The white-spotted octopus lives predominantly in the shallow waters of the Mediterranean and Caribbean Seas, but can sometimes be found in the eastern Atlantic Ocean.
This rare species is characterized by long arms, reaching seven times the size of their bodies. The first pair of arms is almost a meter long, much longer than the remaining three pairs.
This octopus usually shares its habitat with its much more famous cousin, the common octopus (Octopus vulgaris).
The white-spotted octopus is more of a night owl, active exclusively at night, and generally less active and aggressive than the common octopus.
The spotted octopus is more of a picky eater than its cousin. Both are versatile hunters, using their arms to "feel out" the sandy bottom. They even use their siphon to jet water, like a water cannon, to shoot at the sand and expose prey buried inside.
The spotted octopus's secret weapon is its unique hunting technique among the coral reefs. This octopus wraps its mantle around a coral head and probes with its arms among the branches. This hunting strategy has made the spotted octopus quite a socialite. Many small predatory fish seem to follow them around, waiting for an opportunity to catch some of the prey that the octopus flushes out of their coral hideouts.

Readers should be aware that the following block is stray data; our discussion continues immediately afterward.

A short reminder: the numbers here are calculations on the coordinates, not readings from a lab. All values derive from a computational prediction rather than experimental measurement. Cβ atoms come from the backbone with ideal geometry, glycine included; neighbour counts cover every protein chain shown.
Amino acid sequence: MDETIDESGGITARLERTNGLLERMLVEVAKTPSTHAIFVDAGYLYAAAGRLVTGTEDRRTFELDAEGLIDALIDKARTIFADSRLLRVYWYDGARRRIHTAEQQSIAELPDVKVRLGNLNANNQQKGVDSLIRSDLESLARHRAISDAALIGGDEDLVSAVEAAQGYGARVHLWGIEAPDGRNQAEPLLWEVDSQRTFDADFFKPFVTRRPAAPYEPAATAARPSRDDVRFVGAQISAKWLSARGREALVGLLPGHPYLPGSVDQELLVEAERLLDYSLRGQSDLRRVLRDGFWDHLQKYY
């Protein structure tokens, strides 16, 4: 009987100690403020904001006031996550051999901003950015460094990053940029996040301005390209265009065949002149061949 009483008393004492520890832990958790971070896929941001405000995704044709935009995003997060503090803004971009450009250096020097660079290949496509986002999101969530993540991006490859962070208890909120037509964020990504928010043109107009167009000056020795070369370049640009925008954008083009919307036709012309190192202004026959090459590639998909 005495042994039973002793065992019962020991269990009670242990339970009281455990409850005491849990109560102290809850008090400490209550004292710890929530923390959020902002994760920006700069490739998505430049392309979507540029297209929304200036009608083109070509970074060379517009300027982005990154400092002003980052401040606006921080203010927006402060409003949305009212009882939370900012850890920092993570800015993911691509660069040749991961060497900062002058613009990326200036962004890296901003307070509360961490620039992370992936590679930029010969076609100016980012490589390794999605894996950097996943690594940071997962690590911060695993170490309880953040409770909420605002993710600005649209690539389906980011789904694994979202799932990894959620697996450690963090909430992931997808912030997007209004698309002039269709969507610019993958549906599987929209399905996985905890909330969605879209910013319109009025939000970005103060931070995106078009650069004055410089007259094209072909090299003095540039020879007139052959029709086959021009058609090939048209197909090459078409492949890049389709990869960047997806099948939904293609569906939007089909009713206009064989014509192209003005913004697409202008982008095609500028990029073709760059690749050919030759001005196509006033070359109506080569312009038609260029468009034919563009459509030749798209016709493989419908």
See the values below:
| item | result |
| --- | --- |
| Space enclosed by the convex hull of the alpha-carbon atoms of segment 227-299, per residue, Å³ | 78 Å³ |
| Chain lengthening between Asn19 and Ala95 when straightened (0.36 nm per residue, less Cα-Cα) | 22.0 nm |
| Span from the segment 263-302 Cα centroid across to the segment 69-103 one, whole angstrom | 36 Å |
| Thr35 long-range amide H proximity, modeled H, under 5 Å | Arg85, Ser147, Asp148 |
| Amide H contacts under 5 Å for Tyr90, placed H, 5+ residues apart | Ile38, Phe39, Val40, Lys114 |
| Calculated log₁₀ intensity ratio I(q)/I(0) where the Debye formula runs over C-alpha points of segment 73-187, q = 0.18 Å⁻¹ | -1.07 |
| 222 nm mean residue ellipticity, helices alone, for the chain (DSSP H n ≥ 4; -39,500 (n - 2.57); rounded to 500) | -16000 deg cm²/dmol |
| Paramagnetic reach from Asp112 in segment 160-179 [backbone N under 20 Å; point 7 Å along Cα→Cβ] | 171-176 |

The octopus is not always the hunter but sometimes also the hunted. It uses a variety of techniques to fend off predators. Besides its famous camouflage, it may use ink or try to appear bigger in size.
Like many other species of octopus, the white-spotted octopus literally gives its life for its offspring. After the courting ceremony and mating, the female lays eggs and completely stops eating. She guards the eggs constantly and diligently until they are hatched and dies shortly afterwards.
Baby octopuses start off their lives as tiny planktonic larvae roaming the open waters. Once they grow into fully developed adult octopuses, they commit to a life on the seafloor.
The common octopus is hunted all over the world, and is considered a staple seafood, however, the white-spotted octopus is rarely used for human consumption as reports show is is not edible and can even cause some digestive problems.
Written by Lena Ilic, B.Sc., Marine Biologist
Photos by Nikola Doder, S.D.T. Svet Ronjenja